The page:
History of CCEA
The CCEA is one of the oldest business associations on the Pacific Coast. We've enjoyed the good times and survived the rest; we've advanced in many ways, including some name changes.
1921 -- Formed as the 100% Club with 12 charter members and membership fees of $2.00 per month. Spotlights began June 17th, 1921 and continue to this day.
1925-1928 -- The club and the economy made great progress together, attending international conventions with affiliated groups.
1925 -- The International Directorate grouped its member clubs under one name: the International Executive Association. Seattle and Victoria resisted the name change for years, and in 1928 the Pacific northwest group met in Vancouver and took on the name Usadians.
1927 -- Many 100% Club members felt that the future of Vancouver Island lay in fox farming. There were 46 farms on the island along with a large market for the pelts.
1928-1931 -- During the stock market crash, the club became more conscious of leads, insisting that all members do business exclusively with fellow members. This helped us survive the Great Depression.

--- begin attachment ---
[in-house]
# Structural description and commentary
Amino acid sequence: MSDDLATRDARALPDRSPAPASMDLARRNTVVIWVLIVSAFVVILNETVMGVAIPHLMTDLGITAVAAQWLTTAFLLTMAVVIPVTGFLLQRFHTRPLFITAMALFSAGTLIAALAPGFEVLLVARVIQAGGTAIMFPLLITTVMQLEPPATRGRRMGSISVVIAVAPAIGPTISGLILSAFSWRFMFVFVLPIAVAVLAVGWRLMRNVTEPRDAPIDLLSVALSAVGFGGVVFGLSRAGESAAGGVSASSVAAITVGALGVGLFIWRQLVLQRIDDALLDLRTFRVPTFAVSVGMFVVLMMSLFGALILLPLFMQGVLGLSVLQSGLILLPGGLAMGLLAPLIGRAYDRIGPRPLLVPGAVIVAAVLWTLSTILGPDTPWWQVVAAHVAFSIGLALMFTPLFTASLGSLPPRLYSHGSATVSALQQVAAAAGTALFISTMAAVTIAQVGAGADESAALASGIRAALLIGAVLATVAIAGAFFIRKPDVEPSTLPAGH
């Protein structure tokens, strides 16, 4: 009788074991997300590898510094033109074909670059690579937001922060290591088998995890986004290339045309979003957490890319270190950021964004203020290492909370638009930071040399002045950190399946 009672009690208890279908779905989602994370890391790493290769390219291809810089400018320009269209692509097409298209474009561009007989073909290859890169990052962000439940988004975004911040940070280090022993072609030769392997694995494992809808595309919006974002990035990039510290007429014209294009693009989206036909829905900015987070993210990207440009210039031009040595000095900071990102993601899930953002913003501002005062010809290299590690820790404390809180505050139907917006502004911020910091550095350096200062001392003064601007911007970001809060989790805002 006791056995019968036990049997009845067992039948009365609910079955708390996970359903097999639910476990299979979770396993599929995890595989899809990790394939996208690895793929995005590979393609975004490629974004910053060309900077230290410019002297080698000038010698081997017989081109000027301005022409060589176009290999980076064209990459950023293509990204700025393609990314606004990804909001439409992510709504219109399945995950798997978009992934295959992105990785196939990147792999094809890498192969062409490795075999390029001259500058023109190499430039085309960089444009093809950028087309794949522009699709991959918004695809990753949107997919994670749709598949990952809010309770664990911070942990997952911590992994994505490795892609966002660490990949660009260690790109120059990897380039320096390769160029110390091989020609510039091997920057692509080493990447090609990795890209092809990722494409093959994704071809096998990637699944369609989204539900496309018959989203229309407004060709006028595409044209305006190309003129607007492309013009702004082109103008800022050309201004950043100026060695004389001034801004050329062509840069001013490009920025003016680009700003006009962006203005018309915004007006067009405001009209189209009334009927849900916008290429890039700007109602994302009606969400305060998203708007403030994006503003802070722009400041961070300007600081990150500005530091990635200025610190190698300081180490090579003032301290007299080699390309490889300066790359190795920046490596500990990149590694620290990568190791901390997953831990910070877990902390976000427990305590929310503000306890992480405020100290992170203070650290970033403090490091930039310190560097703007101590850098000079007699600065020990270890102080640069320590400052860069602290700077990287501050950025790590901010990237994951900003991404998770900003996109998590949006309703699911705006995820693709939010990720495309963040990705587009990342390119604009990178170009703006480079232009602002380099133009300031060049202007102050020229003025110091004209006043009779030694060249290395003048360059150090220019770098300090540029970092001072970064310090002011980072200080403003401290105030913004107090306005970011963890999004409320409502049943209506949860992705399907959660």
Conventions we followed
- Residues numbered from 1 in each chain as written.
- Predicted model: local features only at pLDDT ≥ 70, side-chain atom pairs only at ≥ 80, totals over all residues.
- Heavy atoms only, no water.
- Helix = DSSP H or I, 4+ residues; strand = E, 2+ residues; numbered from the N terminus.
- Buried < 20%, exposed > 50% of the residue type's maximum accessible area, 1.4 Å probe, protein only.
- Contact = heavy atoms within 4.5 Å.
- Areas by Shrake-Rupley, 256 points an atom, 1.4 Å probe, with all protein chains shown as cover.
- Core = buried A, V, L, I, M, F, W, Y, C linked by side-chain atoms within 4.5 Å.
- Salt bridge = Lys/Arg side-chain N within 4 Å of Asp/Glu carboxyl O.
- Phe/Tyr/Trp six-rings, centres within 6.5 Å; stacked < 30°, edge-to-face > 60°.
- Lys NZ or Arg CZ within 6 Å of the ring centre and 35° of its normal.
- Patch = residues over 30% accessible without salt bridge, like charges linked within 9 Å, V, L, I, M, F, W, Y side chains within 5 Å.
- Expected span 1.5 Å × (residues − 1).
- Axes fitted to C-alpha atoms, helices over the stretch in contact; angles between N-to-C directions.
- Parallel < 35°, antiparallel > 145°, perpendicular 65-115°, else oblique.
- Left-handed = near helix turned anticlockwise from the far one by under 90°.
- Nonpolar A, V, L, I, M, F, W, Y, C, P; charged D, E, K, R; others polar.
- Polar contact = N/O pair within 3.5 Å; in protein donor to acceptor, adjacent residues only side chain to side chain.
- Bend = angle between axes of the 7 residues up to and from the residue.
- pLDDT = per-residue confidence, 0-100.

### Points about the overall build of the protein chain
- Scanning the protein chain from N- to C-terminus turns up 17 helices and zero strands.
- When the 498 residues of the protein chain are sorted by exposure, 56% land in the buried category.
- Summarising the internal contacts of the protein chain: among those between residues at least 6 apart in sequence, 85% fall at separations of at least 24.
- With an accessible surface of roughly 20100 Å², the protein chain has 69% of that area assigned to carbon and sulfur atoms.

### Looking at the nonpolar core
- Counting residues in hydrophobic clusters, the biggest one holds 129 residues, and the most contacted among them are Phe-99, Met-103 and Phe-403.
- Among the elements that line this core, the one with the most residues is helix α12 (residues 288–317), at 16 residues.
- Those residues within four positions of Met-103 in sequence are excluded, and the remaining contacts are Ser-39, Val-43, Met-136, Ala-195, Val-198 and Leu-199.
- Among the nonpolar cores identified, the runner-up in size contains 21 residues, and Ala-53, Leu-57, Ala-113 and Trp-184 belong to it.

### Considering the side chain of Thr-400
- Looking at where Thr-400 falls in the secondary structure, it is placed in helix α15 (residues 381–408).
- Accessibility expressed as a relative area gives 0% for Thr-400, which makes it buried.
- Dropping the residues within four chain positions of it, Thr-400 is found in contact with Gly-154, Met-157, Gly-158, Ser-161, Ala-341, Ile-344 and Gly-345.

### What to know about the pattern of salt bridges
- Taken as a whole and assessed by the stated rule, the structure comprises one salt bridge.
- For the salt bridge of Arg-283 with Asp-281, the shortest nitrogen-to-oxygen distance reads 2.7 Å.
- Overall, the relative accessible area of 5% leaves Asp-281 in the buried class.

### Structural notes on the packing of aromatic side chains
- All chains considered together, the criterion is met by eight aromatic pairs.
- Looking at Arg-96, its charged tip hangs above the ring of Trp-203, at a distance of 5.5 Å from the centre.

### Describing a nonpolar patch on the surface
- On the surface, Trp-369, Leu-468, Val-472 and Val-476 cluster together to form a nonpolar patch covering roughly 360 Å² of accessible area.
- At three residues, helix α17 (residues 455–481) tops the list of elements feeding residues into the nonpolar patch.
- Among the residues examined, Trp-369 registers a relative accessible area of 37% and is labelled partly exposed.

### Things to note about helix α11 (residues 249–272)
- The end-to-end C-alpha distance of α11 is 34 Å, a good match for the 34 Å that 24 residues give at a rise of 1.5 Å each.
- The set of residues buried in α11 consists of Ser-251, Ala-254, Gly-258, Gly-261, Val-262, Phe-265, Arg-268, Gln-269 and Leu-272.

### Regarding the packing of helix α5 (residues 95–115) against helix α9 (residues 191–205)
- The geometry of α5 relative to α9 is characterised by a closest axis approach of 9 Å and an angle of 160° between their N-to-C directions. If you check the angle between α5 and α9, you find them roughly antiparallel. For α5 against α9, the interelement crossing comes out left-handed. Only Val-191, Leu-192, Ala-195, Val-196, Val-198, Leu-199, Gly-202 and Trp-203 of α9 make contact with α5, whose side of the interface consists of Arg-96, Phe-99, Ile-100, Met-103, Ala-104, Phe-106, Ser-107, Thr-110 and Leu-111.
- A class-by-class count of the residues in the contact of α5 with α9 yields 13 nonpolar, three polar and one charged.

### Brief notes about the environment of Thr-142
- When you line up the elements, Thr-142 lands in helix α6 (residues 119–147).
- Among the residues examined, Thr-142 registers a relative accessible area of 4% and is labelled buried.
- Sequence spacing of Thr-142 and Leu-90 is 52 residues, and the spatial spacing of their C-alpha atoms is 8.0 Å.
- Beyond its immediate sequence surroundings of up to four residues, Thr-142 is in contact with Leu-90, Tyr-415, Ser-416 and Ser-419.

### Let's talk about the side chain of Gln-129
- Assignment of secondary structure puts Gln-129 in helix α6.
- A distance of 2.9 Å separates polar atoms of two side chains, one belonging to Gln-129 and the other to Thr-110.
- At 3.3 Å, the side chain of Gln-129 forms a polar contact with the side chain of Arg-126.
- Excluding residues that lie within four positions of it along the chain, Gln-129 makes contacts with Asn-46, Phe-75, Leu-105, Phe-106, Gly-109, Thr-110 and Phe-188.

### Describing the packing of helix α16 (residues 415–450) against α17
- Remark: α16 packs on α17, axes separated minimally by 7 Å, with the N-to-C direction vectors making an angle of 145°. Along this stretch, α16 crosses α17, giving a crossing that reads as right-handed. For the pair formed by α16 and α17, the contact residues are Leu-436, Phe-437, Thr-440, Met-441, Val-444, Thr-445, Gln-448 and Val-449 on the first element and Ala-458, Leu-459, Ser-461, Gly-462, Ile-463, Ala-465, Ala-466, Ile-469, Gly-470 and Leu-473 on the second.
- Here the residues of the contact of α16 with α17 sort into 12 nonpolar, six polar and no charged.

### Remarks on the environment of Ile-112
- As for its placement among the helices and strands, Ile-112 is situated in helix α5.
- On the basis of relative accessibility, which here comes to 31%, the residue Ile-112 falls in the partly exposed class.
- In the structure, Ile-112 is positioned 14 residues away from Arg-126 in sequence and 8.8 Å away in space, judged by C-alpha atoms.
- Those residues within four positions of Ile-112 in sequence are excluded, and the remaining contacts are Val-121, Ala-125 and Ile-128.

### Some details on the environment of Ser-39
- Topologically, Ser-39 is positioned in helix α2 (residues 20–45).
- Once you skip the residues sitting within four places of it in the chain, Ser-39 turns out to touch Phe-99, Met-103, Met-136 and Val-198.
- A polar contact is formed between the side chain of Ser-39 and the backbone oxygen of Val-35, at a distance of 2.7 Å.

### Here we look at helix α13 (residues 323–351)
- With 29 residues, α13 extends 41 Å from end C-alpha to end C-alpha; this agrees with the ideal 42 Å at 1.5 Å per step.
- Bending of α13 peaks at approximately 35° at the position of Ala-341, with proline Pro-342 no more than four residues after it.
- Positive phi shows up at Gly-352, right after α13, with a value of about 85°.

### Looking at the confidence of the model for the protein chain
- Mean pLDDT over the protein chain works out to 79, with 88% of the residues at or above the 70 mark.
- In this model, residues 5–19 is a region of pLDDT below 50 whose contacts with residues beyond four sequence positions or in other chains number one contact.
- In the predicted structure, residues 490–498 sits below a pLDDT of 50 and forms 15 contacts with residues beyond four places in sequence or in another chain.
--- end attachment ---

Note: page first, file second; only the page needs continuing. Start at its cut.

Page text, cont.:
1928 -- The opinion of the members was that Victoria would never have a significant tourist business.
1931 -- With a membership of 60, the club seceded from the International Association, became the Capital City Commercial Club and moved meetings from the Dominion Hotel to the Empress Hotel. Speeches about government restraint, taxation and the depression dominated the meetings. One speaker advocated a club-wide ban on all political parties so that members would vote impartially. The club debated this, then published a list of the candidates we backed in the civic election.
1941 -- During World War II, the CCEA helped coordinate a program to receive British refugee children. The CCEA's minutes show that 1941 ended with many members serving in the armed forces. The club persevered by generating leads and an emphasis on business done with members.
1986 -- Capital City Commercial Club officially became the Capital City Executive Association (CCEA). The club moved meetings to the Union Club on Gordon Street.
1991 -- First female member Yvonne Sharpe joined November that year.
1996 -- Trudy Farrell became the CCEA's first female president
The Capital City Executive Association, in all its different names and affiliations, still exchanges leads and supports its members. Through economic upturn and depressions, through wars and relative peace, the CCEA remains.